Ask Duane Hulbert about the highlights of his 30 years as professor and chair of piano at the University of Puget Sound and about what he’s learned himself, and the answers overlap: his students, and how to teach them. Hulbert, 60, is retiring this week after 30 years of solo and chamber performances, college and community teaching, composing and collaborating at the university. His farewell will be a performance Friday with the Puget Sound Piano Trio that combines virtuosity with his signature musical creativity.
“I’m proud of all my students, but some have done especially well,” says Hulbert, in his second-floor studio filled with morning light, two Steinway grand pianos and very little clutter. “People like Yoshi Nagai, who’s now teaching at the San Francisco Conservatory, and Gwynne Brown, who’s on our faculty here.”
After more than 30 years of teaching both UPS and community music students, Hulbert says he learned that every student is special — which presents challenges.
“You can’t have the same system of teaching for everyone. I’ve had some students play brilliantly from day one. But the big joy I’ve had is students willing to work hard and who make tremendous improvement.”
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Not that teaching has been the only highlight of Hulbert’s career. Having obtained bachelor’s and master’s degrees at the Juilliard School, and a doctorate at the Manhattan School of Music, the Minnesota native toured internationally, winning piano competitions like the Gina Bachauer in Salt Lake City and Paloma O’Shea in Spain. He was a soloist with the Tacoma Symphony, Northwest Sinfonietta and Seattle Symphony in his early years here, and his longtime study of Glazunov earned him a 2002 Grammy nomination for his recording of the composer’s complete piano works.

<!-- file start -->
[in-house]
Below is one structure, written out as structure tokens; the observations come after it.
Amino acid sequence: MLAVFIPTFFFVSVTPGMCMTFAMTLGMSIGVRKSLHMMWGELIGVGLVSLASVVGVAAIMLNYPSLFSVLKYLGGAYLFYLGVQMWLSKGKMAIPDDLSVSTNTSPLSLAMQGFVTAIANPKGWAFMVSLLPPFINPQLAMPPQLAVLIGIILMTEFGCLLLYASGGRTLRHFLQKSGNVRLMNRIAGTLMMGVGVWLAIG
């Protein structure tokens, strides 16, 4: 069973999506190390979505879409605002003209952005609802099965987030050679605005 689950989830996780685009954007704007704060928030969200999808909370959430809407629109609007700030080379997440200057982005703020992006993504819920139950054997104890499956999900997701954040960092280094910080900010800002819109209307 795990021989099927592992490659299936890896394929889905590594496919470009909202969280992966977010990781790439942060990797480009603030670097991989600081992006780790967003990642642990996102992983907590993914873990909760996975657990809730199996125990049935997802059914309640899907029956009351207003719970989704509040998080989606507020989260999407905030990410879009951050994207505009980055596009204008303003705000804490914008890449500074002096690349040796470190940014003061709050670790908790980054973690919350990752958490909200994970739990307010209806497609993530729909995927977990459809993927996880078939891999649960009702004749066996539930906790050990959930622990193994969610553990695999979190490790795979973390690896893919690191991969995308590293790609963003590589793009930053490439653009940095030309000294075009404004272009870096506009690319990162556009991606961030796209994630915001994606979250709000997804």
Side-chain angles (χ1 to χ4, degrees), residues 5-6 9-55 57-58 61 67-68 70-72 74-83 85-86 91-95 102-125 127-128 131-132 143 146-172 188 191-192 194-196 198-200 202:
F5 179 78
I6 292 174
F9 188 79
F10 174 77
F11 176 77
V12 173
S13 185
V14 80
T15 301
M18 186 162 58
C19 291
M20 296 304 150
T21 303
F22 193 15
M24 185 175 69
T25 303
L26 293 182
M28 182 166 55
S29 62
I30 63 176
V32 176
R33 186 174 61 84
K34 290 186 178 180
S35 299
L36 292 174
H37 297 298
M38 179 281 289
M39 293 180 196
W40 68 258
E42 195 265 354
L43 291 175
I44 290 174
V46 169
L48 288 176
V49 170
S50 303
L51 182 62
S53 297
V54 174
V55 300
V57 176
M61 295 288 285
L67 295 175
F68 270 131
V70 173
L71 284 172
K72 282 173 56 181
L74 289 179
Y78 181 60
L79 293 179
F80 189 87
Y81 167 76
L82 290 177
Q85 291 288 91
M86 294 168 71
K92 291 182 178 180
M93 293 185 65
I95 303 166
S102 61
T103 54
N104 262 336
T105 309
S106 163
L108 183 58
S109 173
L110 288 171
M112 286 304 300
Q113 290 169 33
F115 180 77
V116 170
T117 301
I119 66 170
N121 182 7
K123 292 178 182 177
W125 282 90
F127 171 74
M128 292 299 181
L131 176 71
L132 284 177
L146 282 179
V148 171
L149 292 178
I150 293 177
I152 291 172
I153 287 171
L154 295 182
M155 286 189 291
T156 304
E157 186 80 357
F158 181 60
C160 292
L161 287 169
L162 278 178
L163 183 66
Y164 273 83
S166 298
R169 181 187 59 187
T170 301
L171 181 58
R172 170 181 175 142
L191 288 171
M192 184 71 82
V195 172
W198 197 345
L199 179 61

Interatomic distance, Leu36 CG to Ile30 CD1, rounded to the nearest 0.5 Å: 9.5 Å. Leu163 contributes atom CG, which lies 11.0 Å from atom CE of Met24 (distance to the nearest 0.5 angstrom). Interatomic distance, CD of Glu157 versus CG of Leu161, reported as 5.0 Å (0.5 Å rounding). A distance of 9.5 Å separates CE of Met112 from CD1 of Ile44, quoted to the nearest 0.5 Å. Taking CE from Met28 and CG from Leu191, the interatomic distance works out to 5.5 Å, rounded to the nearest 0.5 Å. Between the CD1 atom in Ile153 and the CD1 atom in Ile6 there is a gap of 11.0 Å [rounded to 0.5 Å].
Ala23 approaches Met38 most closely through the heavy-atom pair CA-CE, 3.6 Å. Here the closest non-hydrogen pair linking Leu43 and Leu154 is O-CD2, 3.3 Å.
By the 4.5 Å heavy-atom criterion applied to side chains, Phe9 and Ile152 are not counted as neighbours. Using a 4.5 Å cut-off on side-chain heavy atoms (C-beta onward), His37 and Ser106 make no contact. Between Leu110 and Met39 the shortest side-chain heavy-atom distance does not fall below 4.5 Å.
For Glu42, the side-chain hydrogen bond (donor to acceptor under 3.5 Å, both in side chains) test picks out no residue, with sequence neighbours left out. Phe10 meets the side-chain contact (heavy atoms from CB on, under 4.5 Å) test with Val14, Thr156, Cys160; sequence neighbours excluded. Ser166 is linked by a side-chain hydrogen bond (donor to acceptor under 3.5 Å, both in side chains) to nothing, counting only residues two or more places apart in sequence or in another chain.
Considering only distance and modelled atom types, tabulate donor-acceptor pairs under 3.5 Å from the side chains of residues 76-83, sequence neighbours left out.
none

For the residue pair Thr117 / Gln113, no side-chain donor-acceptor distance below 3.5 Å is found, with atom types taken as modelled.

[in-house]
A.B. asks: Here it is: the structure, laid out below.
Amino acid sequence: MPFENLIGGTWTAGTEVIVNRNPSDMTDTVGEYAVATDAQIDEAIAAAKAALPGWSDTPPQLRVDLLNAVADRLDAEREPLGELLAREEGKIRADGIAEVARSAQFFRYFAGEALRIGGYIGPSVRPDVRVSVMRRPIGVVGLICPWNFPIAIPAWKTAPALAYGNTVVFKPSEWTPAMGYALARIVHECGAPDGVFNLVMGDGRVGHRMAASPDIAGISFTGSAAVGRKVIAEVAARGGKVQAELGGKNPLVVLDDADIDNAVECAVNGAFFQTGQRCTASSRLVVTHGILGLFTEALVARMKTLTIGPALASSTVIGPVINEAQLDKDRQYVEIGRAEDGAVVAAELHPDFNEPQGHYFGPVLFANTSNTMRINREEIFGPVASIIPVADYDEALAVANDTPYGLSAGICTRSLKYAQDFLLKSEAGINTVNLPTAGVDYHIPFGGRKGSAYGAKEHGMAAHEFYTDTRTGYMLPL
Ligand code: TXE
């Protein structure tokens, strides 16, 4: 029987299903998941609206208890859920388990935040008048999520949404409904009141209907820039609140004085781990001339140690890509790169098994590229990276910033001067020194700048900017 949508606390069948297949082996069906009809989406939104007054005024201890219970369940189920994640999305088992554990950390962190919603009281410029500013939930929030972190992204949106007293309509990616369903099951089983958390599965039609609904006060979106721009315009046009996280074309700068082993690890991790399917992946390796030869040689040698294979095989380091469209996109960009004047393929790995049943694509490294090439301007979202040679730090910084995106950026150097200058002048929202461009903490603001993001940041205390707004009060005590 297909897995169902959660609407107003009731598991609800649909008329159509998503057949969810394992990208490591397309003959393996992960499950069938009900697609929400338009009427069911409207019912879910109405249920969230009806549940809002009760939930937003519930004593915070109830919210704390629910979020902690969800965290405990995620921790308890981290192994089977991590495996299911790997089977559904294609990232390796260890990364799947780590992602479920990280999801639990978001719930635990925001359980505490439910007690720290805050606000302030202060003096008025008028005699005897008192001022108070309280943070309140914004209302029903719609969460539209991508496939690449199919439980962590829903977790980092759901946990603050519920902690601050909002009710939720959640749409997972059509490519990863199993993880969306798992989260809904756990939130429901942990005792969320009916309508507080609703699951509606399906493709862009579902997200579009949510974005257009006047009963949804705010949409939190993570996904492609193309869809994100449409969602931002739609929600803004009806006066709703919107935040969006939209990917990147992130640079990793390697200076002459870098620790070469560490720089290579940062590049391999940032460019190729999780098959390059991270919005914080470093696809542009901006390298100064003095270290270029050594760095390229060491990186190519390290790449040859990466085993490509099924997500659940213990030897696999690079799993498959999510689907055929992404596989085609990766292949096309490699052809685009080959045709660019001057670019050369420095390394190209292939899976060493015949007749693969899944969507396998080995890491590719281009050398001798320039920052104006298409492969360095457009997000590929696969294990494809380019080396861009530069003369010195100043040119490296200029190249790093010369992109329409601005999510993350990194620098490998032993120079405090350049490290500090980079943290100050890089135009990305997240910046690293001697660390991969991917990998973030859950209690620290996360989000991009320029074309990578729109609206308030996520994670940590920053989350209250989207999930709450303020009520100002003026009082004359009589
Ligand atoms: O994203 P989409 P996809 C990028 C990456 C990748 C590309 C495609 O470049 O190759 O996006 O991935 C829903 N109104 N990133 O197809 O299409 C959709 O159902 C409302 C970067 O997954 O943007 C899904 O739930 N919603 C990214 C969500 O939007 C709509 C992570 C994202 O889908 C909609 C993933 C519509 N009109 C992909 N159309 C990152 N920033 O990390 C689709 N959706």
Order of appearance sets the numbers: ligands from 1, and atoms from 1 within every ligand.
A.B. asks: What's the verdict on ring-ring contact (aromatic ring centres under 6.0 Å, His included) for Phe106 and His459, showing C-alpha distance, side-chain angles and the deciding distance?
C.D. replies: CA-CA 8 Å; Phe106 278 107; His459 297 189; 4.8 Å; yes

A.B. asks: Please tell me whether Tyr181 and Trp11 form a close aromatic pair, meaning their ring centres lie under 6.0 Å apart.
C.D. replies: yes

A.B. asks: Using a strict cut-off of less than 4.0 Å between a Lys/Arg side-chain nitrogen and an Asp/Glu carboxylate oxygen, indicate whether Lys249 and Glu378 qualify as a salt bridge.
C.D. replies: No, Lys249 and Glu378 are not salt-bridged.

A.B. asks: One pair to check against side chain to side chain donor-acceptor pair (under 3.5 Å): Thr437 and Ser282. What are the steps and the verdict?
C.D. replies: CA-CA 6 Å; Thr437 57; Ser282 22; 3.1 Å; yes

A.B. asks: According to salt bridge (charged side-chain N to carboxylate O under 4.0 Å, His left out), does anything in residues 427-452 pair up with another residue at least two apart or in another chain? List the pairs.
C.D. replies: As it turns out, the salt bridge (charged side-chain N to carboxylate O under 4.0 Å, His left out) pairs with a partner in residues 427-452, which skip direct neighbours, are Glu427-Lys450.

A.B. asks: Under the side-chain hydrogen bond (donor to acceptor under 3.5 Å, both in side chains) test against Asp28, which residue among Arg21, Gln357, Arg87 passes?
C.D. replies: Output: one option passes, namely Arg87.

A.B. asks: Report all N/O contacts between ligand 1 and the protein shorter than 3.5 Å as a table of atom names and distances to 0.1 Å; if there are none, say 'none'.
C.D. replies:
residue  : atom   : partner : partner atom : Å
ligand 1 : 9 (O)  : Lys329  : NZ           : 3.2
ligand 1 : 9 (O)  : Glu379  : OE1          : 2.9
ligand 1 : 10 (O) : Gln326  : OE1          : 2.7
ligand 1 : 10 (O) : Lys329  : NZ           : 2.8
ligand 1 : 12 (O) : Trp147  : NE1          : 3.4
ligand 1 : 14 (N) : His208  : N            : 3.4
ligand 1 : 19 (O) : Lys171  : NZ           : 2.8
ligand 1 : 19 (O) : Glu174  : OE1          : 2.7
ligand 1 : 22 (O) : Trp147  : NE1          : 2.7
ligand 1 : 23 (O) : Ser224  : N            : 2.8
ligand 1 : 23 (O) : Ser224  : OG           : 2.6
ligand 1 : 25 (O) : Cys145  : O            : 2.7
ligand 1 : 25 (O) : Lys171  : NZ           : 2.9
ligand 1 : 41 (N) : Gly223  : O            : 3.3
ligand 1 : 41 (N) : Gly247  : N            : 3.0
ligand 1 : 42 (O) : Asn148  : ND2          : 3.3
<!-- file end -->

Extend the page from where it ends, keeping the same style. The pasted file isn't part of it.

I’ve enjoyed watching them grow and make piano a part of their lives. That gives me a lot of satisfaction. That’s special for me.”
Duane Hulbert on his students
Hulbert’s created fun concerts like a live piano score for the silent film “Phantom of the Opera,” complete with costume. In recent years he’s organized numerous concerts for children, including musical stories (“Pecos Bill,” “The Pirate Musician”) co-written with his playwright wife, Judy Carlson Hulbert. It’s something he’ll do more of during his retirement.
“It should be very exciting!” he says. “It’s a side of me I didn’t know I had til my wife found it in me.”
Having played in the original incarnation of the Puget Sound Piano Trio in the 1980s and ’90s, Hulbert recently revived the group. He’ll perform Friday with violinist Maria Sampen and cellist Alistair MacRae. The program reflects Hulbert’s creativity in combining four separate pieces (Rachmaninoff’s Elegiac Trio no 1, the Scherzo from Ives’ Piano Trio, the third movement from Brahms’ Piano Trio in C minor op. 101 and the final of Ravel’s Piano Trio) into one musical hybrid. The second half will be Beethoven’s popular “Archduke” Piano Trio no. 7 op. 97, a showcase for the trio’s virtuosity.
Although Hulbert’s only just turned 60, he feels the time is right to retire.
“It feels good,” he says. “It’s good not to go on as long as you possibly can.”
As well as working on musicals, he’ll continue to teach in the community music department, where he current has nine students from children to adult.
“I’ve enjoyed watching them grow and make piano a part of their lives,” he says. “That gives me a lot of satisfaction. That’s special for me.”
Duane Hulbert Farewell Concert
Who: Puget Sound Piano Trio with pianist Duane Hulbert.
When: 7:30 p.m. Friday. There will be a reception afterward in Room 106.
Where: Schneebeck Hall, University of Puget Sound, 1500 N. Warner St., Tacoma.
Cost: $15 general; $10 seniors, students, military, UPS faculty and staff; free UPS students.
Information: 253-879-3100, tickets.pugetsound.edu.